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FINGER(1) NetBSD General Commands Manual FINGER(1)
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Maintained for NetBSD
by Kimmo Suominen.
Based on man-cgi by Panagiotis Christias.
finger -- user information lookup program
finger [-8ghlmops] [user ...] [user@host ...]
The finger utility displays information about the system users.
-8 Pass through 8-bit data. This option is intended for enabling
8-bit data output in the fingerd(8) service. Using this from the
command line is dangerous, as the output data may include control
characters for your terminal.
-g This option restricts the gecos output to only the users' real
-h When used in conjunction with the -s option, the name of the remote
host is displayed instead of the office location and office phone.
-l Produces a multi-line format displaying all of the information
described for the -s option as well as the user's home directory,
home phone number, login shell, mail status, and the contents of
the files ``.forward'', ``.plan'' and ``.project'' from the user's
If idle time is at least a minute and less than a day, it is pre-
sented in the form ``hh:mm''. Idle times greater than a day are
presented as ``d day[s]hh:mm''.
Phone numbers specified as eleven digits are printed as
``+N-NNN-NNN-NNNN''. Numbers specified as ten or seven digits are
printed as the appropriate subset of that string. Numbers speci-
fied as five digits are printed as ``xN-NNNN''. Numbers specified
as four digits are printed as ``xNNNN''.
If write permission is denied to the device, the phrase ``(messages
off)'' is appended to the line containing the device name. One
entry per user is displayed with the -l option; if a user is logged
on multiple times, terminal information is repeated once per login.
Mail status is shown as ``No Mail.'' if there is no mail at all,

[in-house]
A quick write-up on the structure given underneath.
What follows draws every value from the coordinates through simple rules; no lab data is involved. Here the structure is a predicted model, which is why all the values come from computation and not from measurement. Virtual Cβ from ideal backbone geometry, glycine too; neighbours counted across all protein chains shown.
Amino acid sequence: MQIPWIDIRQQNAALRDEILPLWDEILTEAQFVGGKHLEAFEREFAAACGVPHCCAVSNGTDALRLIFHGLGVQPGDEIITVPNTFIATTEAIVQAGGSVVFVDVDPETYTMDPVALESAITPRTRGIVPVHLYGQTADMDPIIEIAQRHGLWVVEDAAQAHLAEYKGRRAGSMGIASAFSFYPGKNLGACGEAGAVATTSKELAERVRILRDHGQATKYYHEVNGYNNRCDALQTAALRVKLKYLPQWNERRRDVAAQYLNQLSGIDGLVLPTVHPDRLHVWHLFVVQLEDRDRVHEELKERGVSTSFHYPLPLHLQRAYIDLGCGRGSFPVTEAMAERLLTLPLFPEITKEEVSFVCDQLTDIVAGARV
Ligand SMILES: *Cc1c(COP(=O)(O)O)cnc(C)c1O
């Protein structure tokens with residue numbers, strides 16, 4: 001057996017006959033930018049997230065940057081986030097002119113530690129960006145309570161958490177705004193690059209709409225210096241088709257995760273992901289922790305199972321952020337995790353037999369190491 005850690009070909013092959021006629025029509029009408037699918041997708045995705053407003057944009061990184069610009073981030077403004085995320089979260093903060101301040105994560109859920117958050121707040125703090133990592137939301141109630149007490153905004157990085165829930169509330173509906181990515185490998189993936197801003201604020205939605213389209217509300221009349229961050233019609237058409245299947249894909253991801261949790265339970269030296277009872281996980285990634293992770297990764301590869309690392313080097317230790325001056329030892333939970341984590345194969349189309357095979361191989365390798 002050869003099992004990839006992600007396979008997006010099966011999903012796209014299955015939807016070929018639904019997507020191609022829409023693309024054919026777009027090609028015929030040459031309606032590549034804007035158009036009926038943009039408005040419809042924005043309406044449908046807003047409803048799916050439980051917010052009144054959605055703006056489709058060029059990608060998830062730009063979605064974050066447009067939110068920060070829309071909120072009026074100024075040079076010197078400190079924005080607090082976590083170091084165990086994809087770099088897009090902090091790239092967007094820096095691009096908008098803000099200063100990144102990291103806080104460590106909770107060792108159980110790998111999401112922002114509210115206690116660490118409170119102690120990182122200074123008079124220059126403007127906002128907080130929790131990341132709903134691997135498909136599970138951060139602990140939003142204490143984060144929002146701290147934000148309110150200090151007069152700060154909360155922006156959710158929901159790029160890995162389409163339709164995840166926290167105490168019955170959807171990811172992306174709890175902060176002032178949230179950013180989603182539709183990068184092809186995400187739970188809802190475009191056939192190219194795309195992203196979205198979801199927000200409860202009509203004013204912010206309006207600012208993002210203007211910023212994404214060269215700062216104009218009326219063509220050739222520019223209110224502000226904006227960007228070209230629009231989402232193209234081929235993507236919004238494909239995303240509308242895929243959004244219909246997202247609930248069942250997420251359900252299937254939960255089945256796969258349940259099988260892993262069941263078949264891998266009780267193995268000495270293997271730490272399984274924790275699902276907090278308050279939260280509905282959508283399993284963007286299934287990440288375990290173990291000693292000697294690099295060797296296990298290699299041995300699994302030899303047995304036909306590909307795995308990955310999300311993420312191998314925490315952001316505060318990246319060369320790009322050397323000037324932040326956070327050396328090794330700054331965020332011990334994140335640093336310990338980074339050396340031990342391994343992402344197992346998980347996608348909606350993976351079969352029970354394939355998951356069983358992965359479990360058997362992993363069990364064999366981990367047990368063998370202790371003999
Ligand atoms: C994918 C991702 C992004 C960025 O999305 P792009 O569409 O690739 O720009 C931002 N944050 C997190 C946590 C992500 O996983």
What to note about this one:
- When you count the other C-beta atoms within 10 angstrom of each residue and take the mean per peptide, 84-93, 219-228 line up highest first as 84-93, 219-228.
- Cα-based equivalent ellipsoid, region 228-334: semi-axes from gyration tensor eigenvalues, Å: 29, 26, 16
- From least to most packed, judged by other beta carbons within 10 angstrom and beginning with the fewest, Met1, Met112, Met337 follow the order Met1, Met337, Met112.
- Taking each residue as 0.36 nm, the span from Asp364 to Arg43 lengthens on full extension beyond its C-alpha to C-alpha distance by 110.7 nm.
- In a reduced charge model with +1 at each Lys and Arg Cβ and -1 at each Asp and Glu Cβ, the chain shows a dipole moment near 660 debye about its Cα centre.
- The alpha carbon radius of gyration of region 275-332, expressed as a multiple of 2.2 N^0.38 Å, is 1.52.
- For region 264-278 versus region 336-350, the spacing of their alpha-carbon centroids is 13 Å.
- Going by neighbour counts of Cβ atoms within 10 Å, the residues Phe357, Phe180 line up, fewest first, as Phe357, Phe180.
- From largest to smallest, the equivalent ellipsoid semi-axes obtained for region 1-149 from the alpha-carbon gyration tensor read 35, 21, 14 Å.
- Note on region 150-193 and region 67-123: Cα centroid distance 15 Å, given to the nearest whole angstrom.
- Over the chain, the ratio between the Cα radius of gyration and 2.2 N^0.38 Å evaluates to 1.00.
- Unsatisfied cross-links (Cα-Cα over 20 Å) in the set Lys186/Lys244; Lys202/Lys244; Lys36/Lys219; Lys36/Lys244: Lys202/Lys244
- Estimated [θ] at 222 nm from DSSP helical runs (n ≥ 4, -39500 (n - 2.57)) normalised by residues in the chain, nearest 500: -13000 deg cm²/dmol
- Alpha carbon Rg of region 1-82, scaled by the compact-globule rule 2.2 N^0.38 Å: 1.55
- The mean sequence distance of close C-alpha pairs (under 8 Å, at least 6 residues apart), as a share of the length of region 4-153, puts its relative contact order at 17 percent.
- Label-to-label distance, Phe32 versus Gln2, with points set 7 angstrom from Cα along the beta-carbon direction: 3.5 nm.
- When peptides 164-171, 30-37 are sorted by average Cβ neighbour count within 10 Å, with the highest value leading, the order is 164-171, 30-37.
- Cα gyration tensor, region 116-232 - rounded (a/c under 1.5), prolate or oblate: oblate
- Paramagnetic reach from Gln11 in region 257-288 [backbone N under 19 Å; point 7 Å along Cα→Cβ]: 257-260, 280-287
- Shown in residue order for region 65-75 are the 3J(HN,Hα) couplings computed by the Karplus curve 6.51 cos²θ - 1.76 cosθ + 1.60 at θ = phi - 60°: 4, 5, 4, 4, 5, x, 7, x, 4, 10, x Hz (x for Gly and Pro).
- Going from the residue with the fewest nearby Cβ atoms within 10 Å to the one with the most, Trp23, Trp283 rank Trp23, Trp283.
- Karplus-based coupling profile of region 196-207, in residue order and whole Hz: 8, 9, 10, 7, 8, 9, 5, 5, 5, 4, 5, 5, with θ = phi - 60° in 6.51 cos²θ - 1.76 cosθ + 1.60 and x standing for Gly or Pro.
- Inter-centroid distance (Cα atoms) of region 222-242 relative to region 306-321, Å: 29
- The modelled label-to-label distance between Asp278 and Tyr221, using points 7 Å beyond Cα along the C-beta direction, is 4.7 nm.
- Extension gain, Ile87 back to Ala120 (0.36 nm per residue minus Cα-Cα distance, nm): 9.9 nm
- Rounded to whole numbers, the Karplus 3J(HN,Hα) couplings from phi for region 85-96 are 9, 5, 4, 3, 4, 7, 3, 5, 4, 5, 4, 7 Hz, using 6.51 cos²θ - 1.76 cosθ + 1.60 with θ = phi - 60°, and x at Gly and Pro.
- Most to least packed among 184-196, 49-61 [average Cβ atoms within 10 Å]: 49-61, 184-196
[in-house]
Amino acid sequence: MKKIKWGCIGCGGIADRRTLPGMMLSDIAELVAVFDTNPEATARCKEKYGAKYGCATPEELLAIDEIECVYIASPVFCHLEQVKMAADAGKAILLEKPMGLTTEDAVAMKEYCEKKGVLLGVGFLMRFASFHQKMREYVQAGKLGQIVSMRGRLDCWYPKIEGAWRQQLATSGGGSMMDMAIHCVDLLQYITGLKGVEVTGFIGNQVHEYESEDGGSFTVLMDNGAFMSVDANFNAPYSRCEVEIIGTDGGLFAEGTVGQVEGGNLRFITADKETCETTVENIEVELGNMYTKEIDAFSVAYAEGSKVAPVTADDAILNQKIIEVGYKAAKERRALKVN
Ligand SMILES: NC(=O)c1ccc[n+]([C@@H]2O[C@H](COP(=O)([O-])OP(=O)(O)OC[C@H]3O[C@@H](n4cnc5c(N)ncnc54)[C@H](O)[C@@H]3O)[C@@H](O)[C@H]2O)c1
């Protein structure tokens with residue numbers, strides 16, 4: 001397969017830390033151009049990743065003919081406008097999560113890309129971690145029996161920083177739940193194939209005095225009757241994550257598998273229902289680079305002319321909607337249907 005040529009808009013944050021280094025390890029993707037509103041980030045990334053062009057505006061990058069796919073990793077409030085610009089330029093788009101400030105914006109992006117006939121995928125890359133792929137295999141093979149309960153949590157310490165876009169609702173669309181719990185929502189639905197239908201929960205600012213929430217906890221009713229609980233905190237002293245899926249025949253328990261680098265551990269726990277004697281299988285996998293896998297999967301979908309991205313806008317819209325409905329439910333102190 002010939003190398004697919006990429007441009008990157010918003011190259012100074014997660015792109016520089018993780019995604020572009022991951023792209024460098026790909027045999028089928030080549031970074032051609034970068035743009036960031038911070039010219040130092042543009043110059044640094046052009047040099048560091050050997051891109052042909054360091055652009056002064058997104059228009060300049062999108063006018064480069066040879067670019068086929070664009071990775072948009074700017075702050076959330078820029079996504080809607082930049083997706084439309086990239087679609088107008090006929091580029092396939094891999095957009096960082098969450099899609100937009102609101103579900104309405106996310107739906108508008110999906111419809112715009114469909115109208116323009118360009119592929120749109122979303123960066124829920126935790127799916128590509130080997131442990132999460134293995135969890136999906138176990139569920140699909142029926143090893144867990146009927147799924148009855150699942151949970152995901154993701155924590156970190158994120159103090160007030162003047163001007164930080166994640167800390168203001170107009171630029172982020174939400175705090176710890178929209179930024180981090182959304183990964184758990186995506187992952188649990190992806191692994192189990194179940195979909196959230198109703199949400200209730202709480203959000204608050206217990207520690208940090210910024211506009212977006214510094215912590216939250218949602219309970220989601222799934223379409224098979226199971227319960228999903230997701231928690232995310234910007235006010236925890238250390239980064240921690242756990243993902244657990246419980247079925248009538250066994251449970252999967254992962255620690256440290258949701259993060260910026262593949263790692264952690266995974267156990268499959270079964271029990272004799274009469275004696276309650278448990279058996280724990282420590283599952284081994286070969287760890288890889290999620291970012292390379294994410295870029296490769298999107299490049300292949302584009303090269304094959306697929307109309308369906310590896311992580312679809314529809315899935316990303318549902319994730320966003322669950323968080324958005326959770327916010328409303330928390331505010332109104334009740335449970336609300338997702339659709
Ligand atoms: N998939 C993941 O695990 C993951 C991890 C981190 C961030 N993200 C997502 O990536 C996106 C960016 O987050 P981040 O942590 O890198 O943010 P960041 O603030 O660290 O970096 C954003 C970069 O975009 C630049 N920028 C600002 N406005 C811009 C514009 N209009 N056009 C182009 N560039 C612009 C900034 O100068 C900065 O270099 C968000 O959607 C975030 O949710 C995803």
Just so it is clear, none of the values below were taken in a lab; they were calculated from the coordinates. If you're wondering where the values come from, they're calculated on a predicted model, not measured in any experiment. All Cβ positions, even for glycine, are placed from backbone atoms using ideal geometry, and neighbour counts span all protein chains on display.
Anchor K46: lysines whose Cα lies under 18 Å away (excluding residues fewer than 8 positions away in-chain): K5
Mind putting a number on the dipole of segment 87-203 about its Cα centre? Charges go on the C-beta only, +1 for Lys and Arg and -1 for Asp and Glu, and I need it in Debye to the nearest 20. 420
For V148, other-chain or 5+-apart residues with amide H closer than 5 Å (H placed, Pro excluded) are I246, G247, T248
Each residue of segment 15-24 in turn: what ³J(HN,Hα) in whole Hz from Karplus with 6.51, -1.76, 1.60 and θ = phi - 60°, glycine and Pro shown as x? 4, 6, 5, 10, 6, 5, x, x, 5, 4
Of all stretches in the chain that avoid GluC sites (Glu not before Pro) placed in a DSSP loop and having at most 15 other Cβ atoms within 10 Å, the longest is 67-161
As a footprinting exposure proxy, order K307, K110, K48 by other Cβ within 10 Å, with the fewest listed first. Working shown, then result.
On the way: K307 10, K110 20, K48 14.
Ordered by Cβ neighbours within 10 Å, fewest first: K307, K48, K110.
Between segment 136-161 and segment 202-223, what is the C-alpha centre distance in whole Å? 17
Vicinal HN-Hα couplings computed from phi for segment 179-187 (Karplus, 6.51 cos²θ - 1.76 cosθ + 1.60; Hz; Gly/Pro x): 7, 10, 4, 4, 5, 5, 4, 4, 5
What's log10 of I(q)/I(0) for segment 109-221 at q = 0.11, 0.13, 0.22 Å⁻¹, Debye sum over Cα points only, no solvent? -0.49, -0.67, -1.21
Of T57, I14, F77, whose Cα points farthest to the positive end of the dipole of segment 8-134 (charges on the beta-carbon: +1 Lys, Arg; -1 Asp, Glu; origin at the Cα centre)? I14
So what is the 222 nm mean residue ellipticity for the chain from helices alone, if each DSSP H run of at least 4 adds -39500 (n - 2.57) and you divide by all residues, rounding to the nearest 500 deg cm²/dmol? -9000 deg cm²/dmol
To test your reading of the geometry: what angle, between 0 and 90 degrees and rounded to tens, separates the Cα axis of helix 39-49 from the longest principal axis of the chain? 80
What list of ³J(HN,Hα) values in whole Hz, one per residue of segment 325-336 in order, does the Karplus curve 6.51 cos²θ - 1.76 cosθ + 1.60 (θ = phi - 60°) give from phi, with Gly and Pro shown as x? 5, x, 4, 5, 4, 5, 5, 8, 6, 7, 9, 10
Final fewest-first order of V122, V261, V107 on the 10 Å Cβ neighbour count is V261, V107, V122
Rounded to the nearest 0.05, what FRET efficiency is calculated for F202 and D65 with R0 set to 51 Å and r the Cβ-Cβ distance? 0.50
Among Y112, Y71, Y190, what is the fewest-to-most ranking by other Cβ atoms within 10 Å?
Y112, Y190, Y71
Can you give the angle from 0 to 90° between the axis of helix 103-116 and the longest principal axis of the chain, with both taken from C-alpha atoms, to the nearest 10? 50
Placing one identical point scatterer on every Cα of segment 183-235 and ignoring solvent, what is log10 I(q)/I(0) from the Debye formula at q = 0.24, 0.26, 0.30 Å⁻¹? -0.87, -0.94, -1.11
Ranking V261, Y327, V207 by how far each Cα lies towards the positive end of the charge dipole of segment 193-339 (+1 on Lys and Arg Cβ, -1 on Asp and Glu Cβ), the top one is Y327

``Mail last read DDD MMM ## HH:MM YYYY (TZ)'' if the person has
looked at their mailbox since new mail arriving, or ``New mail
received ...'', ``Unread since ...'' if they have new mail.
-m Prevent matching of user names. User is usually a login name; how-
ever, matching will also be done on the users' real names, unless
the -m option is supplied. All name matching performed by finger
is case insensitive.
-o When used in conjunction with the -s option, the office location
and office phone information is displayed. This is the default.
-p Prevents the -l option of finger from displaying the contents of
the ``.forward'', ``.plan'' and ``.project'' files.
-s finger displays the user's login name, real name, terminal name and
write status (as a ``*'' after the terminal name if write permis-
sion is denied), idle time, login time, and either office location
and office phone number, or the remote host. If -h is given, the
remote is printed. If -o is given, the office location and phone
number is printed instead (the default).
Idle time is in minutes if it is a single integer, hours and min-
utes if a ``:'' is present, or days if a ``d'' is present. Login
time is displayed as the dayname if less than six days, else month,
day, hours and minutes, unless more than six months ago, in which
case the year is displayed rather than the hours and minutes.
Unknown devices as well as nonexistent idle and login times are
displayed as single asterisks.
If no options are specified, finger defaults to the -l style output if
operands are provided, otherwise to the -s style. Note that some fields
may be missing, in either format, if information is not available for
If no arguments are specified, finger will print an entry for each user
currently logged into the system.
The finger utility may be used to look up users on a remote machine. The
format is to specify a user as ``user@host'', or ``@host'', where the
default output format for the former is the -l style, and the default
output format for the latter is the -s style. The -l option is the only
option that may be passed to a remote machine.
/var/log/lastlog last login data base
chpass(1), w(1), who(1), fingerd(8)
The finger command appeared in 2.0BSD:
NetBSD 8.1 December 25, 2014 NetBSD 8.1